The opinion of the court was delivered by: Hillman, District Judge
This matter has come before the Court on defendants' motion to dismiss plaintiff's Complaint. For the reasons expressed below, defendants' motion will be converted into one for summary judgment and be adjourned for sixty days.
Plaintiff, a franchisee operator of a gasoline service station that has been converted from a Mobil station to a Lukoil station, filed a three count Complaint against defendants Getty Petroleum Marketing ("Getty") and Lukoil Americas Corporation ("Lukoil"), claiming that the conversion of its station from Mobil to Lukoil is a constructive termination of its franchise agreement violative of the Petroleum Marketing Practices Act ("PMPA") and the New Jersey Franchise Practices Act ("NJFPA"). Plaintiff has also asserted a claim for breach of contract under New Jersey law.
More specifically, plaintiff's Complaint tells the story of the creation of the Mobil brand in 1920, the cultivation of its place in the market, the development of its product, services and loyalty of its customers over the years, and then its merger with Exxon, the divestment of its service stations in certain areas, and through various corporate acquisitions, its eventual purchase by defendant Getty, to which plaintiff's franchise agreements were assigned.
Plaintiff complains that even though Getty retained the right to use the Mobil name through 2010, in May 2005 Getty instituted a "Lukoil renaming program," the effect of which "was to take the plaintiff's station from a recognized, identifiable and sought out branded station to a generic station." Plaintiff further complains that when Getty began the Lukoil renaming program "suddenly plaintiff was being charged the same higher price to obtain gasoline wholesale, but was now a generic station with no customer base and no brand loyalty." As a result, plaintiff contends that it had "no choice but to price on the street as if they were still Mobil stations in an attempt to sell gasoline at a loss," but it "resulted in ever shrinking volumes of gasoline sold and added to the alienation of their loyal Mobil brand customers." Based on all of this, plaintiff claims that the conversion from Mobil to Lukoil effectively terminated its franchise agreement.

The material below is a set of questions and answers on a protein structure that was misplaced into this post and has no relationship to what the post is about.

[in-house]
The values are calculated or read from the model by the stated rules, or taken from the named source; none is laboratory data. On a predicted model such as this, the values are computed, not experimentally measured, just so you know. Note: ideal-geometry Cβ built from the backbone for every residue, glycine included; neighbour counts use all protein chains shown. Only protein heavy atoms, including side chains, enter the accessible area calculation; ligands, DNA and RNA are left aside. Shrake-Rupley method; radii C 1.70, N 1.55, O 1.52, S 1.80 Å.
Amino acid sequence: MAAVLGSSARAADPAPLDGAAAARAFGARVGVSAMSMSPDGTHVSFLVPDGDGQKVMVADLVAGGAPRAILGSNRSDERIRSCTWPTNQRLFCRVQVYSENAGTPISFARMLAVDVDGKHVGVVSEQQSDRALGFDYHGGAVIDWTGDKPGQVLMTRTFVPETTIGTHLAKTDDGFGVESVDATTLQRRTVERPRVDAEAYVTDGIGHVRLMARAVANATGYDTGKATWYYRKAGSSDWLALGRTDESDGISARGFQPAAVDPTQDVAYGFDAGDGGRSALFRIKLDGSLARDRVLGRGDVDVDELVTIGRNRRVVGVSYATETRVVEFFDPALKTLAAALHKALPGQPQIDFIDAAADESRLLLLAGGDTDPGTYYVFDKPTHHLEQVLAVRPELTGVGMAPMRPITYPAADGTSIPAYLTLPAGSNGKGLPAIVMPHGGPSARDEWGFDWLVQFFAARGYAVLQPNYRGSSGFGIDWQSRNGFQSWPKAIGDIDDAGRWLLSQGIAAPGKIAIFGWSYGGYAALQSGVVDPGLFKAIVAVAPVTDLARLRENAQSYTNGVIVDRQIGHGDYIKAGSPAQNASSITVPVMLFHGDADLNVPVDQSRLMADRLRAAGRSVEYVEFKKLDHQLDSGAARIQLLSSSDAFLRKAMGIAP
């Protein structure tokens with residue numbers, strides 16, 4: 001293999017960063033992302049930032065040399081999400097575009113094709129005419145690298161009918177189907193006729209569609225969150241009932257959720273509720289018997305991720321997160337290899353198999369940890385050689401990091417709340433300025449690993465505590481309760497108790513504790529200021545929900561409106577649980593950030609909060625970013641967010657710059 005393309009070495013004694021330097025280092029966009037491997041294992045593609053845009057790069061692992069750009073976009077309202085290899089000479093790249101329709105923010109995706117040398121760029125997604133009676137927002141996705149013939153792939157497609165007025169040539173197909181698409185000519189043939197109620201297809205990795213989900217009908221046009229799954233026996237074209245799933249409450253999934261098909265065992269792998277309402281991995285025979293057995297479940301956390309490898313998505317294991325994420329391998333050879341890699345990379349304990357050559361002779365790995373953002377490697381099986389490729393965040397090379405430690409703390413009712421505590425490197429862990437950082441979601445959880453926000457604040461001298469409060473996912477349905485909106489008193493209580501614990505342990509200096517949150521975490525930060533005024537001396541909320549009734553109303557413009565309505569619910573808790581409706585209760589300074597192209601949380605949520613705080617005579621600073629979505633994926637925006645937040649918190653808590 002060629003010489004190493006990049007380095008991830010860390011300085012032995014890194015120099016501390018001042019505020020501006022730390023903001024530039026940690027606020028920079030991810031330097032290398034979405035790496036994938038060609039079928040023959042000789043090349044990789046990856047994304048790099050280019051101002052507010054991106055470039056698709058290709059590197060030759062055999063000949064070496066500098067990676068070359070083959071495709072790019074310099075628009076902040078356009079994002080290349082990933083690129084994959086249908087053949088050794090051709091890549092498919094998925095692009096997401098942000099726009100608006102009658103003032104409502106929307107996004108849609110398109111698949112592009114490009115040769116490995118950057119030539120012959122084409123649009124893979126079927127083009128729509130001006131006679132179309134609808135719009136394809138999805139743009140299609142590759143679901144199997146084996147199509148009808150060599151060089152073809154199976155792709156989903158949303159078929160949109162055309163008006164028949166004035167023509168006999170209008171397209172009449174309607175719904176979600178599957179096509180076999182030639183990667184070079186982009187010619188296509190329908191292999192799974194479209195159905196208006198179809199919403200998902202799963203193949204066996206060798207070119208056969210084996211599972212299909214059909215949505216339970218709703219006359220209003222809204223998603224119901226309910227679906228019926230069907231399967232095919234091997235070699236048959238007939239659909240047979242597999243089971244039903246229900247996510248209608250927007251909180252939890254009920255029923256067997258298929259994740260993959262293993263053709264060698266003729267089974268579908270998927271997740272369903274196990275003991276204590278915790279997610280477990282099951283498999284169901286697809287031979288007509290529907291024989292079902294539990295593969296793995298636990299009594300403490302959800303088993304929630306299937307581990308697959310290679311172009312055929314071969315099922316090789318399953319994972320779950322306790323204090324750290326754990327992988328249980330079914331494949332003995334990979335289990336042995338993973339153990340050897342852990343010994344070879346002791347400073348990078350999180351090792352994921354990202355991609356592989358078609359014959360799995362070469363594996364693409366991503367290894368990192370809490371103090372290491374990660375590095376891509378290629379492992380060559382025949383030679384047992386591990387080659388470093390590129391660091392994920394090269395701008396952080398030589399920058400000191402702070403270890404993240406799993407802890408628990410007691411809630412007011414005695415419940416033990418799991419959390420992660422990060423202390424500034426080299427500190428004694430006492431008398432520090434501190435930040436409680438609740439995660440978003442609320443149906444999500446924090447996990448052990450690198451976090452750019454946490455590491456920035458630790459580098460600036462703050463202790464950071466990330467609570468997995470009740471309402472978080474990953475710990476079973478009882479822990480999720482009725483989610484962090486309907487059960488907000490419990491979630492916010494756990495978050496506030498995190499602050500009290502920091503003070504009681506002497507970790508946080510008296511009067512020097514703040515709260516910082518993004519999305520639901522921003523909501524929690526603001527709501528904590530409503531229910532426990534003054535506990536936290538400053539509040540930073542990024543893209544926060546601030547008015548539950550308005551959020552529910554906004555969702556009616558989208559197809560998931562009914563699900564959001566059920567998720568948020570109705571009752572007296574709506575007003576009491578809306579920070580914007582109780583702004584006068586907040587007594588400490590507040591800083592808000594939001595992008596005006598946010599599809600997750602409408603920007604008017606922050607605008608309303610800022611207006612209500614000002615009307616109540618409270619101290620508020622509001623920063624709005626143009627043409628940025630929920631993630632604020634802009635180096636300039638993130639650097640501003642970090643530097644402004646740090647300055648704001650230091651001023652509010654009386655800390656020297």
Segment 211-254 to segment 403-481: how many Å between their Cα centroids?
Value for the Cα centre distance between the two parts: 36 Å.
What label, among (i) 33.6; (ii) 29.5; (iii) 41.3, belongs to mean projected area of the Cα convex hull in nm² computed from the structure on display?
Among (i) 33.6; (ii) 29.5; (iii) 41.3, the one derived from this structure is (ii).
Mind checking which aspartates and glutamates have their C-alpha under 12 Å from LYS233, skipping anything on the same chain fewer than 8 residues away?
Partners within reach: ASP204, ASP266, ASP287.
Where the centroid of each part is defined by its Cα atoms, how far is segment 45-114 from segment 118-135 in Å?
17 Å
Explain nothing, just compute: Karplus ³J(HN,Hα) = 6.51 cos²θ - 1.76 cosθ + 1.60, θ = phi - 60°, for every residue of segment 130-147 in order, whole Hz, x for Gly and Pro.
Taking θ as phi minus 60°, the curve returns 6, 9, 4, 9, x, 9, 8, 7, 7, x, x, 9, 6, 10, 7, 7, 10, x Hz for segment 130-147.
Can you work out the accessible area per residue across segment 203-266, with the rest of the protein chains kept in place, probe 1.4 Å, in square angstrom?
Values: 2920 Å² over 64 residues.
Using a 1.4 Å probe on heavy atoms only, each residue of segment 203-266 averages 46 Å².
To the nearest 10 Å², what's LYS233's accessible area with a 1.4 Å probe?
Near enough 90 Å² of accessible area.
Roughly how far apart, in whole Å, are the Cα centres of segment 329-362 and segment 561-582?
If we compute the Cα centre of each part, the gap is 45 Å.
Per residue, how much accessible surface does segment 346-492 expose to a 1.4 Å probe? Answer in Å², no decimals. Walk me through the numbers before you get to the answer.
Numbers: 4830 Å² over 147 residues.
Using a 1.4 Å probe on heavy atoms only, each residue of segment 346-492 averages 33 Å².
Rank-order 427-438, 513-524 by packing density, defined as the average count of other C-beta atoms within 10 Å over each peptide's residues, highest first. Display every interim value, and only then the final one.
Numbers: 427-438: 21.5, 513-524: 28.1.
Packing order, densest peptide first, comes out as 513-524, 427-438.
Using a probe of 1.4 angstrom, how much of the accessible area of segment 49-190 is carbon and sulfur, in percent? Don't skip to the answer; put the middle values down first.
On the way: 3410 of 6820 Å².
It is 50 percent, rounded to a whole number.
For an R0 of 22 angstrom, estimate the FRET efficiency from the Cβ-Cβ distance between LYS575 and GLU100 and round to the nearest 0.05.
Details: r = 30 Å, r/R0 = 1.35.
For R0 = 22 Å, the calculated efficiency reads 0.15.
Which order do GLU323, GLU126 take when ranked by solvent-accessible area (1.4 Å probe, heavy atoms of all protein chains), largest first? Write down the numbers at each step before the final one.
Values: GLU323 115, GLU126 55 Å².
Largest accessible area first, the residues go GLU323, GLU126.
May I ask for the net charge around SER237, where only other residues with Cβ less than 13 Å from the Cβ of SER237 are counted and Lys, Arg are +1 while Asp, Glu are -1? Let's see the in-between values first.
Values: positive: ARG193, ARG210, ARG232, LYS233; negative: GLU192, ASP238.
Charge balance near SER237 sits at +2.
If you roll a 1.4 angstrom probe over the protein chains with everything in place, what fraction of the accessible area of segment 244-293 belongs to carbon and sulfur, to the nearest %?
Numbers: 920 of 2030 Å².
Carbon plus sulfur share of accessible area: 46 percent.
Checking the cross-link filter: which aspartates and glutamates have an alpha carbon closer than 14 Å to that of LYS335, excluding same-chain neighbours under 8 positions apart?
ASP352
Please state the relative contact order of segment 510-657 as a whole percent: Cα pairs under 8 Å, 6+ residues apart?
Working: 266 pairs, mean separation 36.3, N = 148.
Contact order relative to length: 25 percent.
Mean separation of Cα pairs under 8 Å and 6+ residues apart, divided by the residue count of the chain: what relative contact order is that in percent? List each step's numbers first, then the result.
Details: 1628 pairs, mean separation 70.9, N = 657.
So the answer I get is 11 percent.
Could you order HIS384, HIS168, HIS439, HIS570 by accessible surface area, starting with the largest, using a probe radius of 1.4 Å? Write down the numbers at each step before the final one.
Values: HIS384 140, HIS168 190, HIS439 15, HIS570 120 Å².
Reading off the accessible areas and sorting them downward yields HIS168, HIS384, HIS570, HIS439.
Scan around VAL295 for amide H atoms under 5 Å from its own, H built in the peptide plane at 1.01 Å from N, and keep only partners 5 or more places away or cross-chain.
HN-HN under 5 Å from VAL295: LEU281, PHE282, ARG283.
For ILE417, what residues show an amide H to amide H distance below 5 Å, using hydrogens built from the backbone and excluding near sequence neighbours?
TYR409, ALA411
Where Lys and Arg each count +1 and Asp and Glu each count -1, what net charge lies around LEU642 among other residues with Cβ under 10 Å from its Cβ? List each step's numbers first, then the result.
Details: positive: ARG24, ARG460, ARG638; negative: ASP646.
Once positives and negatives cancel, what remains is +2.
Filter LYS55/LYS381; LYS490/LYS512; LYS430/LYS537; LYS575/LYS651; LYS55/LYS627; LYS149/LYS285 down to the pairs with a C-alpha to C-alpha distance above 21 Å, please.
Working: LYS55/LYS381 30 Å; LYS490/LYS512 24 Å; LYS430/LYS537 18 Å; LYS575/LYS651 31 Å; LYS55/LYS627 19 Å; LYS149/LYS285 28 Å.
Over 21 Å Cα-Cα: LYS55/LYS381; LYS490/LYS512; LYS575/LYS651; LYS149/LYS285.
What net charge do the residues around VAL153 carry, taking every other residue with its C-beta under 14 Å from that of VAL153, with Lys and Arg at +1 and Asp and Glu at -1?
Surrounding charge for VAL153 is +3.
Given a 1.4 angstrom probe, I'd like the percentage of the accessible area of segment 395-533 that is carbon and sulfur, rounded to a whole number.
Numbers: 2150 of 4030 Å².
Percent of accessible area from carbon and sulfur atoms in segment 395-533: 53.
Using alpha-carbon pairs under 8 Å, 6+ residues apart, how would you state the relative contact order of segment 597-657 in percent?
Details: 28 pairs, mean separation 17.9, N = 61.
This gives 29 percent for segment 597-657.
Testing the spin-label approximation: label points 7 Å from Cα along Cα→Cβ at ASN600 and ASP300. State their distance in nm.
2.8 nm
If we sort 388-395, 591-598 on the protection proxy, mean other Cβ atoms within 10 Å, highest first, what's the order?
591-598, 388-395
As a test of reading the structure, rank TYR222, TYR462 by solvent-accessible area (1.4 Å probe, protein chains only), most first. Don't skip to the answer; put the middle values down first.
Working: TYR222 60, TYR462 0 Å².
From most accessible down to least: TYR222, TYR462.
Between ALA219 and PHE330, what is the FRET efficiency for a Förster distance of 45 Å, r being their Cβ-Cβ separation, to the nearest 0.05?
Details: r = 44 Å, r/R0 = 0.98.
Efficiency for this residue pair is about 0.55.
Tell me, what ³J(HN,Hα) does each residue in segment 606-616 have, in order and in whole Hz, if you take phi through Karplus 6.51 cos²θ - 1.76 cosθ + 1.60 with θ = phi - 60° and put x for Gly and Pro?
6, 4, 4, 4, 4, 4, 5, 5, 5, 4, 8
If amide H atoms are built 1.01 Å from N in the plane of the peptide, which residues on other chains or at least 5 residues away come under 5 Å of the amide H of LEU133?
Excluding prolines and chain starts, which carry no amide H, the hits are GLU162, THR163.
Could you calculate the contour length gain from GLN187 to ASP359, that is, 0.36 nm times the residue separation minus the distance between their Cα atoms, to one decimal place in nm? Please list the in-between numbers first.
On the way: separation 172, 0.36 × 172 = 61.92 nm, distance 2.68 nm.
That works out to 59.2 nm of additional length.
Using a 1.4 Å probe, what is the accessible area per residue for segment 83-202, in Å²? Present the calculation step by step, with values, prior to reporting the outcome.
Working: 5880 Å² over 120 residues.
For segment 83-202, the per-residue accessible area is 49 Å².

Plaintiff's complaint is almost identical to the complaints filed in two other cases currently pending before this Court: Akshayraj, Inc. v. Getty Petroleum Marketing, Inc., Civil Action No. 06-2002 (NLH) and Quick Flow v. Getty Petroleum Marketing, Inc., Civil Action No. 06-2954 (NLH), which is consolidated with Akshayraj. In Akshayraj, the plaintiffs filed a seven-count complaint, which contained three of the same counts as in the instant case: (1) constructive termination of the franchise agreement in violation of PMPA, (2) breach of contract for failure to price in good faith, and (3) violation of the NJFPA. In Akshayraj, the defendants had moved to dismiss the plaintiffs' claims, but before that motion was decided, the Court heard oral argument on the plaintiffs' emergency motion for preliminary injunction under PMPA because two of the plaintiffs' services stations were scheduled for conversion a few days later. The Court denied the plaintiffs' motion.
The Court then considered the defendants' motion to dismiss, and dismissed certain claims, converted defendants' motion to dismiss to one for summary judgment on the other claims, and reserved decision on defendants' motion to dismiss Lukoil for lack of jurisdiction. Specifically applicable to this case, the Court converted the defendants' motion to dismiss into one for summary judgment on the three claims that are also asserted here.
Following further briefing from the parties, the Court granted the converted motion for summary judgment on all of the plaintiffs' claims, including the three claims asserted here. Because there was still one viable claim remaining*fn1 --a claim which had survived defendants' motion to dismiss and was not subject to defendants' converted motion--the Court was still required to determine whether personal jurisdiction existed over Lukoil. Following more briefing, the Court determined that plaintiffs had established that Lukoil has sufficient contacts to establish personal jurisdiction.
The Court's decisions in Akshayraj are important here because plaintiff has asserted the same claims. The final resolution of Akshayraj cannot be summarily applied to this case, however, because (1) this case is at the motion to dismiss stage, and not the summary judgment stage, and (2) the proofs submitted with regard to the converted motion for summary judgment might be different here, and, thus, require a different analysis. Therefore, the Akshayraj case is only applicable at this point with regard to the Court's resolution of defendants' motion to dismiss (hereinafter "Akshayraj I"), and not with regard to the ultimate outcome of the converted motion for summary judgment (hereinafter "Akshayraj II"). With these considerations in mind, the Court will analyze defendants' motion to dismiss.
This Court has jurisdiction over plaintiff's federal claims under 28 U.S.C. § 1331, and supplemental jurisdiction over plaintiff's state ...